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11 Fun Social Distancing-compliant Activities for Students

  • 1. Introductory speech:
    Suggest that the students introduce themselves by preparing a short speech. They can describe their interests, pets, goals, etc. They can show up in person, remotely in a virtual classroom, or by sharing a video.

    2. Five names:
    Have students use five nouns (or adjectives, verbs, etc.) to describe their appearance or personality.

    3. Collages:
    Suggest that the students make collages using 5 to 10 pictures that represent them perfectly.

    4. “Describe yourself using one word”:
    The pupils choose a word that describes them perfectly and they prepare a presentation related to that word. It could be an artwork, poem, song, etc., which explains why they chose that specific word.

    5. “What do we have in common?”
    Ask students questions to encourage them to discover what they have in common. What is your sport / your color, your dish / your TV show / your favorite artist, etc.? What is your birth month? How many brothers and sisters do you have? What type of pet do you have? This virtual or face-to-face activity is the perfect introduction to a math lesson because you can draw a curve or create a table using the answers given by the students.

    6. The KWL method (SVA):
    Use a reliable and reputable method: the KWL method (SVA: Savoir, Vouloir Savoir, Apprendre)! Invite students to share what they know about their classmates. (We're all in third grade. We all have the same teacher.) Ask them what they want to know? Provide options for students to help them explore these questions. You can then list the most interesting or surprising things they learned about their classmates.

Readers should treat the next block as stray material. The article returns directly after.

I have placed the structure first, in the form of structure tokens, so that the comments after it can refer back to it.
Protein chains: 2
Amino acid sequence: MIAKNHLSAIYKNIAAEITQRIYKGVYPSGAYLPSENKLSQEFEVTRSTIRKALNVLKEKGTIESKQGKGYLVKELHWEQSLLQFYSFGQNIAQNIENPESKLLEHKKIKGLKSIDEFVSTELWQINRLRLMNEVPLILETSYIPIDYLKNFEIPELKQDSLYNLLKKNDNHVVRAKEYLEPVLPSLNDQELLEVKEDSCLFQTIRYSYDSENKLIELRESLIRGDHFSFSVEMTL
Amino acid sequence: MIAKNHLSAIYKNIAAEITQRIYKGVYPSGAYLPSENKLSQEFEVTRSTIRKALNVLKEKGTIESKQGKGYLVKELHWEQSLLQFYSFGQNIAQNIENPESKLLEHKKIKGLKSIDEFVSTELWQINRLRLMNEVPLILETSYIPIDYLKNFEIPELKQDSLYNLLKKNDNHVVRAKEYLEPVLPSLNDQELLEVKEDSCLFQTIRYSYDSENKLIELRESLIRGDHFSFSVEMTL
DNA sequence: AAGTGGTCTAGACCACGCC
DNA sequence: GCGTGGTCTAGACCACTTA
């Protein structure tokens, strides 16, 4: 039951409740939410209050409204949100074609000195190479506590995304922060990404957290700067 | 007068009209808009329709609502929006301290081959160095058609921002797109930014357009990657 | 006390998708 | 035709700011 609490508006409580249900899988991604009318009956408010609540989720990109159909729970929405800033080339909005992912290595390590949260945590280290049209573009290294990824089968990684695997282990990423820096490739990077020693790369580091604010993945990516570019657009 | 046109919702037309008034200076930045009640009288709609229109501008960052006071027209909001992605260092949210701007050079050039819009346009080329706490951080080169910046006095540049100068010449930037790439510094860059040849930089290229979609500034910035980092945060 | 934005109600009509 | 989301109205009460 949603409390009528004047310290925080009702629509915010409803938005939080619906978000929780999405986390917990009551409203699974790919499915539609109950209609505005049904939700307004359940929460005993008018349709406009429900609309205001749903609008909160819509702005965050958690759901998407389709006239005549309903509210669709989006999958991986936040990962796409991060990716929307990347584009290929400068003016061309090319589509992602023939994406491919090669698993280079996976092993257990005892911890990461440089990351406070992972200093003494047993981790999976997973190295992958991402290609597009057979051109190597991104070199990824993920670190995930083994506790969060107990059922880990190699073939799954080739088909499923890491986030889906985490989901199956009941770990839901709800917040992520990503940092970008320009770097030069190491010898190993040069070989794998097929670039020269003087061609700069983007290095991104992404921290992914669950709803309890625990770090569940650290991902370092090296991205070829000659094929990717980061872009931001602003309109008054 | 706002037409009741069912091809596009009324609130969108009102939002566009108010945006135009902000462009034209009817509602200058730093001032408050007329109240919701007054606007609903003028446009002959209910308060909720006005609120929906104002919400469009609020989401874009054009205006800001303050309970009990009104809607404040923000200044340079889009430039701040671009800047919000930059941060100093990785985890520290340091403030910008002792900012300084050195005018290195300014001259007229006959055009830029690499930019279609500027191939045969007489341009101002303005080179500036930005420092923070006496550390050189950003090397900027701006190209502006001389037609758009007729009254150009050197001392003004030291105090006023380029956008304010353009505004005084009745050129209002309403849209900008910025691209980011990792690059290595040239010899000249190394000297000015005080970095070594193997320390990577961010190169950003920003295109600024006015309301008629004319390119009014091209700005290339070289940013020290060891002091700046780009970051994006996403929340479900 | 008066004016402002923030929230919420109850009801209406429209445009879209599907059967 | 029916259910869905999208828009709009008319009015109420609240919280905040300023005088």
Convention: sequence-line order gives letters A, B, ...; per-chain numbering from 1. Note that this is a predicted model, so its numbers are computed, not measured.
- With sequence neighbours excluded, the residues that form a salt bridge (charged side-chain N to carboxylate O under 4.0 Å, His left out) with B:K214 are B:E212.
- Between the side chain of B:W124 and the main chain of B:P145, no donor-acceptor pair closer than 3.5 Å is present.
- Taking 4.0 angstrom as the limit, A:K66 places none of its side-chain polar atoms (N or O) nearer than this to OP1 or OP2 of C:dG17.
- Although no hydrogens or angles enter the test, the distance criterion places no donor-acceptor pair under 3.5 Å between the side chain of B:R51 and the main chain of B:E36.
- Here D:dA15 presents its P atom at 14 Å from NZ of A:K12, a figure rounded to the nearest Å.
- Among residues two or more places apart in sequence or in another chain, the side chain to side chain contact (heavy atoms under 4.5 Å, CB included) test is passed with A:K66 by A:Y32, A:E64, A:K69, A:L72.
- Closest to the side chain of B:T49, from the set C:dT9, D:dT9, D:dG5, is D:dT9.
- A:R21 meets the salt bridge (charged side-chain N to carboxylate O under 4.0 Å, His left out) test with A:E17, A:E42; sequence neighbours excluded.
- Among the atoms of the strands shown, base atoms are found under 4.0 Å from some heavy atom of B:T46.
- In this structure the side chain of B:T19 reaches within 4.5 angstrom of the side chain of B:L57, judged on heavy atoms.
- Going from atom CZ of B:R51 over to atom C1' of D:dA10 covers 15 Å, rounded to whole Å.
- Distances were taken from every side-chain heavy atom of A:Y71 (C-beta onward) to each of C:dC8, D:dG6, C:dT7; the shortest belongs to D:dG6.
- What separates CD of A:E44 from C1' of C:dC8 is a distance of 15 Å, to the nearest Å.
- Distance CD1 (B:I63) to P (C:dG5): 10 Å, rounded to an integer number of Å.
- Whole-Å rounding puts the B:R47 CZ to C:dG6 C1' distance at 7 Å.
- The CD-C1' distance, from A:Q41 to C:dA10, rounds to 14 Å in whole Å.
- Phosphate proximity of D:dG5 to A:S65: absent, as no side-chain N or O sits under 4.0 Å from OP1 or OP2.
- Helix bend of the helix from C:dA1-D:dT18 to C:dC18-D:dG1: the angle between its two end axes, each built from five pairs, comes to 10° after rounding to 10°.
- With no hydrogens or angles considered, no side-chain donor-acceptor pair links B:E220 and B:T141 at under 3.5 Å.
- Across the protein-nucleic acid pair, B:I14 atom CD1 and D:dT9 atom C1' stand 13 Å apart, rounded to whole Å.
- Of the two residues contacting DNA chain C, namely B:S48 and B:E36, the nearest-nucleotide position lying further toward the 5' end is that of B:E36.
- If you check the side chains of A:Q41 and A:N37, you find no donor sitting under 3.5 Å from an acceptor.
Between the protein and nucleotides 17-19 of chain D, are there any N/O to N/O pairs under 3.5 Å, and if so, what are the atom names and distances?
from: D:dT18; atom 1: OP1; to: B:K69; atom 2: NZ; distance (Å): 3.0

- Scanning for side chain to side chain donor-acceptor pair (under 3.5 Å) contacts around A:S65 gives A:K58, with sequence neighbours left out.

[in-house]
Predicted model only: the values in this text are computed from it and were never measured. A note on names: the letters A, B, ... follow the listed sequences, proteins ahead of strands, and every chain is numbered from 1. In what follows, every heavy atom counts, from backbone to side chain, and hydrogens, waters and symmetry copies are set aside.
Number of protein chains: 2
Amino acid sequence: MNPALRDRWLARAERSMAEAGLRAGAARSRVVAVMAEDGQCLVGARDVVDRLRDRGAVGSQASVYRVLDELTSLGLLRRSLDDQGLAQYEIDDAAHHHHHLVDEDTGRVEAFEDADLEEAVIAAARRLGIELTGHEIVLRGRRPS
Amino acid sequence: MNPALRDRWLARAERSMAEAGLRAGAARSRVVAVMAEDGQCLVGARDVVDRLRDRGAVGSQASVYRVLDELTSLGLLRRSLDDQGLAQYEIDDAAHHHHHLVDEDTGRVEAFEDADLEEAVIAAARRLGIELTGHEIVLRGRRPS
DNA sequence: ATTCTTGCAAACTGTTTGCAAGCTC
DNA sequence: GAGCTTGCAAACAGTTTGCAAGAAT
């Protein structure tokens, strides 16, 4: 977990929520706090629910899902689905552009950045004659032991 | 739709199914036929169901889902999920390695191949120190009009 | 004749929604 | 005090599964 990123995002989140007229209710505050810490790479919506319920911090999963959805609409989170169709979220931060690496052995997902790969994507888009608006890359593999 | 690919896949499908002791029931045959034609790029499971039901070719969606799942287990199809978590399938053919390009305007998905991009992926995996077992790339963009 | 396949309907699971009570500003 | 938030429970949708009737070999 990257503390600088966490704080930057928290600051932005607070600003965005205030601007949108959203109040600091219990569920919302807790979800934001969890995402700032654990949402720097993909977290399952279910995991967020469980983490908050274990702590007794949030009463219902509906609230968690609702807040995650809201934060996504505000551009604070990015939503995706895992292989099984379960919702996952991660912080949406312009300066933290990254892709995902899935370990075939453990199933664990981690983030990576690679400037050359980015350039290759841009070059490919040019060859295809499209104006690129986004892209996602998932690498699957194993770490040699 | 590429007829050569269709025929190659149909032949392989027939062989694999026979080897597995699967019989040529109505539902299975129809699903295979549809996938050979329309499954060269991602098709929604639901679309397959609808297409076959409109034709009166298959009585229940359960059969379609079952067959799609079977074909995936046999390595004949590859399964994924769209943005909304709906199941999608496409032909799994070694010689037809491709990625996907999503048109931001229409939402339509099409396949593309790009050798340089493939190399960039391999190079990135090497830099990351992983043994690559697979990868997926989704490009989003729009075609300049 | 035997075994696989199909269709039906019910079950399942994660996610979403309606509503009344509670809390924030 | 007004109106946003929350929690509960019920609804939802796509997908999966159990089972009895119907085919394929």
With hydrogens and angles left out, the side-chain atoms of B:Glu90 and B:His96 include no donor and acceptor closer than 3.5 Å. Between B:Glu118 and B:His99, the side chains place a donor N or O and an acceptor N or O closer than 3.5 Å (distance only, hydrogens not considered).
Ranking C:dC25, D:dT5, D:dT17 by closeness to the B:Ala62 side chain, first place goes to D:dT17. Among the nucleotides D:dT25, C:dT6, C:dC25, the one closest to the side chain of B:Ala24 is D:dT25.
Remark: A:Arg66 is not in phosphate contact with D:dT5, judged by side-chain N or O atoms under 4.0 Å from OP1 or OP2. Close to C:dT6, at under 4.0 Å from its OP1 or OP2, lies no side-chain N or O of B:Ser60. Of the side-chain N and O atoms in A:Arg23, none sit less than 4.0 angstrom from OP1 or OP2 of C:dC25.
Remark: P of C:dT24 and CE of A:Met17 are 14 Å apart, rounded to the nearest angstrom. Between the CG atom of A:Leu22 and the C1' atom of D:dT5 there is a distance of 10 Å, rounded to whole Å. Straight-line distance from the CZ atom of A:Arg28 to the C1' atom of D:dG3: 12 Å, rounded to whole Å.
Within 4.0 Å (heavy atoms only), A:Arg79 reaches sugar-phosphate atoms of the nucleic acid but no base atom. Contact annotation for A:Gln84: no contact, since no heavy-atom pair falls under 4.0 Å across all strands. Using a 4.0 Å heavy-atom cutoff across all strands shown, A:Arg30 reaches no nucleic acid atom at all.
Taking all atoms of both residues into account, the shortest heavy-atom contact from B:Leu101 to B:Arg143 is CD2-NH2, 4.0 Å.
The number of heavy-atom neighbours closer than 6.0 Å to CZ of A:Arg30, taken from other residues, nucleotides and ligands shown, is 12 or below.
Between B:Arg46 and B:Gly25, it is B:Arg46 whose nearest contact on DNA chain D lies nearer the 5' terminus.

7. Make a ranking! :
    Suggest that students rank 10 things from best to worst. Use the information gained from this activity to prepare for further lessons and discussions. (For example, students may draw a curve or create a table using these answers.) Items to classify might include pizza toppings, vacations, Disney cartoons, and vegetables.

    8. Where would you like to be?
    Ask students to indicate where they would like to be if possible. Use the responses obtained to suggest topics for research and writing.

    9. Question of the day:
    Ask students a different question each day and have them record their answer. (Younger students can answer the question by suggesting a picture.) They can share their answers with other students in the class, working in small groups or with a classmate. Here are some sample questions: Who is the funniest person you know and why? What skill would you like to acquire this year and how can you achieve it? What foods could you eat every day and how would you prepare them?

    10. Introduce a comrade:
    Have students work in pairs to question each other. The students should think together in order to define the questions to ask in advance. Allow students enough time to question their classmates. They should then introduce their classmate to the rest of the class.

    11. Oral expression activity (Show and tell):
    The “Show and tell” activity is great for students of all ages! Tell the students in advance so they can choose an item to bring and present to class.

    You must also participate in these activities, whether virtual or face-to-face. Getting to know you is essential for students so that they can relate to you. We recommend that you get personally involved in order to bond with your students throughout the school year. Children learn more effectively when they feel safe, and communication is an essential part of reassuring and putting them at ease. We can all strengthen this sense of community and optimize communication within our classroom today.